Six former administrators from the Columbus, Georgia, campus of the Apex School of Theology were charged in an indictment unsealed Monday for their alleged participation in a scheme to defraud student loan programs.
Acting Assistant Attorney General Brian C. Rabbitt of the Justice Department’s Criminal Division, U.S. Attorney Charles Peeler of the Middle District of Georgia, Special Agent in Charge J.C. Hacker of the FBI’s Atlanta Division, Special Agent in Charge Neil Sanchez of the Department of Education’s Office of Inspector General (DOE-OIG), and Special Agent in Charge James E. Dorsey, of the IRS Criminal Investigation’s (IRS-CI) Atlanta Division made the announcement.
According to the indictment, Erica Montgomery, 47, of Ft. Mitchell, Alabama, Sandra Anderson, 61, of Columbus, Georgia, Leo Frank Thomas, 54, of Columbus, Georgia, Yolanda Thomas, 50, of Columbus, Georgia, Dorothy Webb, 68, of Las Vegas, Nevada, and Kristina Parker, 33, of Stone Mountain, Georgia, were charged by a federal grand jury in the Middle District of Georgia with one count of conspiracy, five counts of mail fraud, and five counts of financial aid fraud. Anderson and Montgomery were also charged with money laundering.
The indictment alleges that the defendants engaged in a scheme to operate an off-site learning center in Columbus, Georgia, on behalf of Apex, a now-defunct school offering programs in theology and other subjects. As part of the scheme, the defendants allegedly recruited individuals with offers of “free money” to act as fake “students” and fraudulently apply for federal financial aid. The indictment alleges that these “students” were told that they did not have to do any work or attend classes, but they would have to split their financial aid with the defendants, who used federal financial aid funds to personally enrich themselves.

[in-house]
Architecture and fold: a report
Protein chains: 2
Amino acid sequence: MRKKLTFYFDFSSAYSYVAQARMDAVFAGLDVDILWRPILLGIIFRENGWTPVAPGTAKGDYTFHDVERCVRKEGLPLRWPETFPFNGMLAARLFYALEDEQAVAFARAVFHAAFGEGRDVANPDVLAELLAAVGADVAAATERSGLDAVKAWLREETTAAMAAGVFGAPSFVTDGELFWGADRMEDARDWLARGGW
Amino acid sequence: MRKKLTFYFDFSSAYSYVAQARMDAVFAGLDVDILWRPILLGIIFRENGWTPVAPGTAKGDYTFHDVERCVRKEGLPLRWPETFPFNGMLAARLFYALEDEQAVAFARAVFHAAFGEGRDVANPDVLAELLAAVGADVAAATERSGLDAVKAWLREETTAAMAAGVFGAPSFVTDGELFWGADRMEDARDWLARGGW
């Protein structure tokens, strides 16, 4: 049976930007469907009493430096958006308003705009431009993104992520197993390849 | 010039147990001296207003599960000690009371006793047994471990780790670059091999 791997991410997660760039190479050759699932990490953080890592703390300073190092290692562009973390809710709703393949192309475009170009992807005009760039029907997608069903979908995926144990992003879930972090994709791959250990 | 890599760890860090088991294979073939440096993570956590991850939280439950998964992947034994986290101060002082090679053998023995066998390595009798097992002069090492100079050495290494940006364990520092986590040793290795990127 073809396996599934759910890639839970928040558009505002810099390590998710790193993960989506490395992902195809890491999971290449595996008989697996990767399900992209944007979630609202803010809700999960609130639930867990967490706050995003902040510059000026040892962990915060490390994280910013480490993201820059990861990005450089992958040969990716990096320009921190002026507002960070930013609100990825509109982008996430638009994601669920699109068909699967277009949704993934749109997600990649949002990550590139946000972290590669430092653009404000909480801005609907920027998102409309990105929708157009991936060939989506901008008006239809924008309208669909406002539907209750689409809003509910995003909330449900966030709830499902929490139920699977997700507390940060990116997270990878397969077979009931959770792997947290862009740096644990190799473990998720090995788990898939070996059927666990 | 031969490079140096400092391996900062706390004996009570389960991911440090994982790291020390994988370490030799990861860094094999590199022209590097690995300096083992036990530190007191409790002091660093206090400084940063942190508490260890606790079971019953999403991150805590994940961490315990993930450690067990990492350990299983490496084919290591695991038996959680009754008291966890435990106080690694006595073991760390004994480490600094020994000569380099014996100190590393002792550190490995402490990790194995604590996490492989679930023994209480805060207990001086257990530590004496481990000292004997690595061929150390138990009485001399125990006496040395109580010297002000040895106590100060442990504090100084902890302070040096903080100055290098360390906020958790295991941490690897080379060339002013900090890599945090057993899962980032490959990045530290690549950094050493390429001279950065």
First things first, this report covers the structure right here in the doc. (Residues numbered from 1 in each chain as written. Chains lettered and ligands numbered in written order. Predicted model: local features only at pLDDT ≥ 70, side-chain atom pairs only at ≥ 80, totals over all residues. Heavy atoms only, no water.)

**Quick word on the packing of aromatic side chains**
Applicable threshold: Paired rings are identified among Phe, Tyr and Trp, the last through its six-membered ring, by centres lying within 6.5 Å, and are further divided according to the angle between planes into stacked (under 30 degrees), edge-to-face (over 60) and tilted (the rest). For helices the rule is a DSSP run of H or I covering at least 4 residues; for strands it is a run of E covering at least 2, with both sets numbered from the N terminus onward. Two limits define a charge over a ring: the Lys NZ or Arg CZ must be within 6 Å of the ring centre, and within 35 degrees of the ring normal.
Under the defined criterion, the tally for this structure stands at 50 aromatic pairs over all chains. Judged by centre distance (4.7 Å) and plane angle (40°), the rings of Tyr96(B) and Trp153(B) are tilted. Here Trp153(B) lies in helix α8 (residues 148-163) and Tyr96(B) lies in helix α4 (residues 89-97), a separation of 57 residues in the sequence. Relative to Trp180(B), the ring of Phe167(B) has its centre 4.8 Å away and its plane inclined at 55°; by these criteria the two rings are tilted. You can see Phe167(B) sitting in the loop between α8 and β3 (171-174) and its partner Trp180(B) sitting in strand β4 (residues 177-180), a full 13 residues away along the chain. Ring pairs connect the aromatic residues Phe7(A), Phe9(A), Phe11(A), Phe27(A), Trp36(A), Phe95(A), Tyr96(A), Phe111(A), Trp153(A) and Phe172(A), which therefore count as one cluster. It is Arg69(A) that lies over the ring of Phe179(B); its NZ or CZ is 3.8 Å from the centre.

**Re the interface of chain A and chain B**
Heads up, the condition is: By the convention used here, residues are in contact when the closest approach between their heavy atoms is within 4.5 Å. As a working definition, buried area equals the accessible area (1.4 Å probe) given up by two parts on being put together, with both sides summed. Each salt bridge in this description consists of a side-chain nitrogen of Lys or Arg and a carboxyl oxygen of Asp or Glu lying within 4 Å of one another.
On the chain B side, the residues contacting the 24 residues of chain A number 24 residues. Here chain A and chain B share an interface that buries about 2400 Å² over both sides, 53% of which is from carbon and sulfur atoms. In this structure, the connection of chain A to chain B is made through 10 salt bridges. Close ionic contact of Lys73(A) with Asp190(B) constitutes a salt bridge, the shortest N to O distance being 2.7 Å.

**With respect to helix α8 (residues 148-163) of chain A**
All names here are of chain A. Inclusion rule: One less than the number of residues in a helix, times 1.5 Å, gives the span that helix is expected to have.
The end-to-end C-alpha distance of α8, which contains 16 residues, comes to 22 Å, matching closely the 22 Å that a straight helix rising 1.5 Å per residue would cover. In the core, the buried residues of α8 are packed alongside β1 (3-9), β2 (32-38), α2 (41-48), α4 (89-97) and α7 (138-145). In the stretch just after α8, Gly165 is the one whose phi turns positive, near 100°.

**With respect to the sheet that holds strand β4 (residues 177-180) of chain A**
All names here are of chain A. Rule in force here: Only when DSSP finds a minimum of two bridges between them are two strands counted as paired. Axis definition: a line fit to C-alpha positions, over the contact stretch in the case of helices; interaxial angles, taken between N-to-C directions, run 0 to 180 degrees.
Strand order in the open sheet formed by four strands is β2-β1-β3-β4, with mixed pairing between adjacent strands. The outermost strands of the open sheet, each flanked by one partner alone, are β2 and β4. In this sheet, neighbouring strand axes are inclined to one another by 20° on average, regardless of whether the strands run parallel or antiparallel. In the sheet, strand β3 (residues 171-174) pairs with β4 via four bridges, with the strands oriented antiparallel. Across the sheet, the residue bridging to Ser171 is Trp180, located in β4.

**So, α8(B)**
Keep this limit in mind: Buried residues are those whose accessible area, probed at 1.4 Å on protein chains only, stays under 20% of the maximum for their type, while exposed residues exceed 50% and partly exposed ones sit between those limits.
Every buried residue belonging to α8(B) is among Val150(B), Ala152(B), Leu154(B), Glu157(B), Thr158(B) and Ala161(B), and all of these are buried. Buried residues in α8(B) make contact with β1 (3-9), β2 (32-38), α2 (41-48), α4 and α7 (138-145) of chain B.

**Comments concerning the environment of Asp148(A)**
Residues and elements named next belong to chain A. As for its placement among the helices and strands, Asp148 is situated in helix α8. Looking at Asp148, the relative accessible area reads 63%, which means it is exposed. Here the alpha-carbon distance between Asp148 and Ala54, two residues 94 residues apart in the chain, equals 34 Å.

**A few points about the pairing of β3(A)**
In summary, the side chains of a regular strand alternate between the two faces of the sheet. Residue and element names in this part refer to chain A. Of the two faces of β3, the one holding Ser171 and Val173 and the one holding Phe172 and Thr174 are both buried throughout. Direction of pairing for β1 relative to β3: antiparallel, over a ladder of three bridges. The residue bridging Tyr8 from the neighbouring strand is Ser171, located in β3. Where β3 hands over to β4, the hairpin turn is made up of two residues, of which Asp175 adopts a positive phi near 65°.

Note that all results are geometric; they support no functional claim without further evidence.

The indictment further alleges that the defendants submitted plagiarized work for the “students,” took their tests, and logged on to the school’s web site as if they were the “students” to deceive the DOE into believing they were real students making adequate academic progress. The defendants falsified admission packets and applied for federal financial aid in the names of the students, falsely certifying that they were the student and that the financial aid would be used for educational purposes. Instead, the financial aid was used to enrich the recruited “students” and the defendants.
An indictment is merely an allegation, and all defendants are presumed innocent unless and until proven guilty in a court of law.
The FBI’s Atlanta Division, DOE-OIG, and IRS-CI’s Atlanta Division investigated this matter. Senior Litigation Counsel David A. Bybee of the Criminal Division’s Fraud Section and Assistant U.S. Attorney Crawford Seals of the Middle District of Georgia are prosecuting the case.